Suspension is when an employee is sent home from work, usually while receiving full pay and benefits. The right to suspend will usually be set out in employees’ contract of employment, the employee handbook or disciplinary policy. Whilst a suspension is not a disciplinary action in itself, it often leads to disciplinary proceedings.
Suspension should be a last resort after all other reasonable options have been considered. For example, a temporary adjustment to the employee’s working arrangements can remove the need to suspend, e.g. being moved to a different area of the workplace. The reason for an employee being on suspension should be reviewed on an ongoing basis and be timebound.
Reasons an employer might consider a suspension;
- As part of a disciplinary procedure – if there is a serious allegation of misconduct and alternatives to suspension have been exhausted. Suspension should not be used as part of a disciplinary sanction, and no assumption of guilt should be brought to an employee who is suspended.
- On medical grounds – an employer has a duty to ensure the health and safety of its employees. In certain circumstances, it may be recommended that an individual employee is unfit to work with a particular hazard. Again, all alterative options should be exhausted before placing the employee on suspension.
- Due to risk to an expectant or new mother – an employer should consider work place risks, such as heavy lifting, standing or sitting for long periods, exposure to toxic substances or working long hours for employees who are pregnant or given birth in the past 6 months.
A suspension can have a damaging effect on the employee and their reputation. Therefore, the reason for suspension should be kept confidential, where possible.
If suspension is necessary, the employee should be invited to a meeting to communicate the Company’s decision and what this means for the employee. Following the meeting the employee should be issued with a suspension letter that includes:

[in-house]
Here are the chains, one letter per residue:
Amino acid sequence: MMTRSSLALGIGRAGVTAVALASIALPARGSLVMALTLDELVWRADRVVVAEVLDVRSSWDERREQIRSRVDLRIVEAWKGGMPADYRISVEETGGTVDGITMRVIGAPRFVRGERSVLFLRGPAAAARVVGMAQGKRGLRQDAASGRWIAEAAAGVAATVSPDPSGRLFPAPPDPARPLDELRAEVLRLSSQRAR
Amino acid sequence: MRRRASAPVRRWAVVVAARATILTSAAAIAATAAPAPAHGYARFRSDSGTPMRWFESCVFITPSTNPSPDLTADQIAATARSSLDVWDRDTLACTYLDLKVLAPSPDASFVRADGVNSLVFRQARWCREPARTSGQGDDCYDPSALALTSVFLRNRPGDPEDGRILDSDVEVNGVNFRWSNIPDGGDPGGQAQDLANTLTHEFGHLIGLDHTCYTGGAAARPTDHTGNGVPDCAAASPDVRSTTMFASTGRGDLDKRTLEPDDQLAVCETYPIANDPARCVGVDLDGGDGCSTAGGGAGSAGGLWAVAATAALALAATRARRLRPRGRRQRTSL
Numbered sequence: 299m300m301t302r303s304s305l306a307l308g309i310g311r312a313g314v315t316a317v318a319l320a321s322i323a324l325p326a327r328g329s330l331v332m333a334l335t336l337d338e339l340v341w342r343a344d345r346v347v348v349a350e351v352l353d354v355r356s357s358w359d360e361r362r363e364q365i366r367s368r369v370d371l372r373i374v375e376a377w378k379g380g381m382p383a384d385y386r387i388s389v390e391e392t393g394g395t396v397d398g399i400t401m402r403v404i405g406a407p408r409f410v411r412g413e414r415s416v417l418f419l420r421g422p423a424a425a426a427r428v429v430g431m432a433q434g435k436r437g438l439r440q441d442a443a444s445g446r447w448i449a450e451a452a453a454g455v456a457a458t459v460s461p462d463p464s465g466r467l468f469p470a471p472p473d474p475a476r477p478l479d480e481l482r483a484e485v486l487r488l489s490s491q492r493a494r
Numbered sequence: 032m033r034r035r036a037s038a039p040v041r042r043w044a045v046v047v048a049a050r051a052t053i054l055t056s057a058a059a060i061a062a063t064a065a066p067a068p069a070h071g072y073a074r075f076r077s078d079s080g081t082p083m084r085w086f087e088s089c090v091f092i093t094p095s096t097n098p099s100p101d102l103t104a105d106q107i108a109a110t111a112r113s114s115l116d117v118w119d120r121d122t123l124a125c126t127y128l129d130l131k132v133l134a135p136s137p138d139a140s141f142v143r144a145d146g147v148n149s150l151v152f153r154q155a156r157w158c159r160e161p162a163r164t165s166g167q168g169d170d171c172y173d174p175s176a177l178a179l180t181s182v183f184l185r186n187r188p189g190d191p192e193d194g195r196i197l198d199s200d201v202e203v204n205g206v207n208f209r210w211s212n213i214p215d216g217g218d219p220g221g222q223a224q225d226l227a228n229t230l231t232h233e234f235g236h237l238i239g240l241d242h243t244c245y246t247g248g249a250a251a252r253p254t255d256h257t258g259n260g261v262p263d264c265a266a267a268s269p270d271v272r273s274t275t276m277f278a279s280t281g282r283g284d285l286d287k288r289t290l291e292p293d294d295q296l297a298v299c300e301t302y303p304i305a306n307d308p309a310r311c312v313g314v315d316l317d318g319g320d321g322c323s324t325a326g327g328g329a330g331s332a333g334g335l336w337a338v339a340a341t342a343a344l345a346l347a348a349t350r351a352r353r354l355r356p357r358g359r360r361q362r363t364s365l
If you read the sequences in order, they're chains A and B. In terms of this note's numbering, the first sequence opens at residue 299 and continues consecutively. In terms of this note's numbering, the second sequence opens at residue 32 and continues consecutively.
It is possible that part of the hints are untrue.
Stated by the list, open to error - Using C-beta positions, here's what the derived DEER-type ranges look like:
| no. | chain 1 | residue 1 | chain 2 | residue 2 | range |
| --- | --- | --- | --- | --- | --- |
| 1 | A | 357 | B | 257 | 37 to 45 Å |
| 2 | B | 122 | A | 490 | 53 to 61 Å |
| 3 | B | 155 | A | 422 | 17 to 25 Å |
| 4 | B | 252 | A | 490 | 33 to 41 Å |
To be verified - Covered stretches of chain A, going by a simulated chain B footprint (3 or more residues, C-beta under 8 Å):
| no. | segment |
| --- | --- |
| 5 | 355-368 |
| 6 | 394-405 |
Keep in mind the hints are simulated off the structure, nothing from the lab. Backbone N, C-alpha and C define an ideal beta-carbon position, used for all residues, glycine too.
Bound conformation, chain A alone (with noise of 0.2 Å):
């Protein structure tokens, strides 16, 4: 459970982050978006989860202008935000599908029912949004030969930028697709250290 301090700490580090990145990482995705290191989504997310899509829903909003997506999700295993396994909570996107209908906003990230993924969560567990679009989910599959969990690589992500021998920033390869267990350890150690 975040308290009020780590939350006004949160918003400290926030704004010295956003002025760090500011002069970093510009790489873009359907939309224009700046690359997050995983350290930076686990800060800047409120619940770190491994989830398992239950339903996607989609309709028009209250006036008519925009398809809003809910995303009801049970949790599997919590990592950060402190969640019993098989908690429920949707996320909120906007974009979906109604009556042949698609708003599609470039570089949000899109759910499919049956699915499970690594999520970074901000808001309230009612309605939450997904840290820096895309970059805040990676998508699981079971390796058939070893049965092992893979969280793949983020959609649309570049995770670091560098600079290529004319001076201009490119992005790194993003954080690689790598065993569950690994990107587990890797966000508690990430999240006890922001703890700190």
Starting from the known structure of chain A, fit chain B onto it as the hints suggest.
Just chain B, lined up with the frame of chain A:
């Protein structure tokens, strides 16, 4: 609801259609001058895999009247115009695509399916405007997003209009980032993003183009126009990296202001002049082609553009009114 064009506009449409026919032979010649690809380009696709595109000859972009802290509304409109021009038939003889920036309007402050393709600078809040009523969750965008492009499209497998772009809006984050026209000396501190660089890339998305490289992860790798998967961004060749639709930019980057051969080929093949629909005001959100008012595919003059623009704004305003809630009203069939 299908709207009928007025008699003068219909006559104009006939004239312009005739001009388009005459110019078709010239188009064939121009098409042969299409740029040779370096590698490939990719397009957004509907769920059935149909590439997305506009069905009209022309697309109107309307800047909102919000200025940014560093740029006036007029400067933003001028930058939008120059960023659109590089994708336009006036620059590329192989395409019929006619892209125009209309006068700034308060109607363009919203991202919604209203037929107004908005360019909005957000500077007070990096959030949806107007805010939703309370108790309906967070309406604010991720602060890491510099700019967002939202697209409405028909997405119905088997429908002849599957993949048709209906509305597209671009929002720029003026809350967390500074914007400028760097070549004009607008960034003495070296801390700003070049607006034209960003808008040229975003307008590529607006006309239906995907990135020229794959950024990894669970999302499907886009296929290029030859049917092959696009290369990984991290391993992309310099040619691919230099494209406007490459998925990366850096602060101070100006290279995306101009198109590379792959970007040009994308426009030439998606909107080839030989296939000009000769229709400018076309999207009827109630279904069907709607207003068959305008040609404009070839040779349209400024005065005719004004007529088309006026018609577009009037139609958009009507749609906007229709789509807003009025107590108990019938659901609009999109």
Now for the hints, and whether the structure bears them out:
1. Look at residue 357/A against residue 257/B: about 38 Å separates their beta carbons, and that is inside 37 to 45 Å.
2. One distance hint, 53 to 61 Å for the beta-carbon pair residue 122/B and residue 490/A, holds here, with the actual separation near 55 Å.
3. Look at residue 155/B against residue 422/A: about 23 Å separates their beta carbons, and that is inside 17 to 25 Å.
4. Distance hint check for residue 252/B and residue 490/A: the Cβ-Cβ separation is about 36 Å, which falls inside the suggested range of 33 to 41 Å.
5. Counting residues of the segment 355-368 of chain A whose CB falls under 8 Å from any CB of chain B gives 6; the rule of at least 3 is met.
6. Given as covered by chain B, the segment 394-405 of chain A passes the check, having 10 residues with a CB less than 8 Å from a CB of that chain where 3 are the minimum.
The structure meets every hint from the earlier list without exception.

- the reasons for the suspension and how long it’s expected to last;
- their rights and obligations during the suspension, e.g. they should be contactable during normal working hours;
- a point of contact (their line manager or HR) and their contact details for the employee during their suspension; and
An employee should be kept updated about their suspension, the reasons for it, and how long it is likely to last. Regular contact should be maintained between the employee and their manager or point of contact throughout the suspension period. This also provides the employee with an opportunity to discuss their concerns.
If you reach a decision that suspension is no longer required, or the investigation has been completed and the employee may return to work, where possible, you should meet with the employee to confirm your decision. An employee may feel aggrieved about the suspension and/or worried about returning to work. Therefore, it is best practice for an employer to arrange a return-to-work meeting on the employee’s first day back. This will provide an opportunity to discuss and resolve any concerns, and help the employee settle back into the workplace.
If you would like further guidance or support on this matter or require advice on other people management matters please contact Clover HR on 0121 516 0299 or email us at email@example.com
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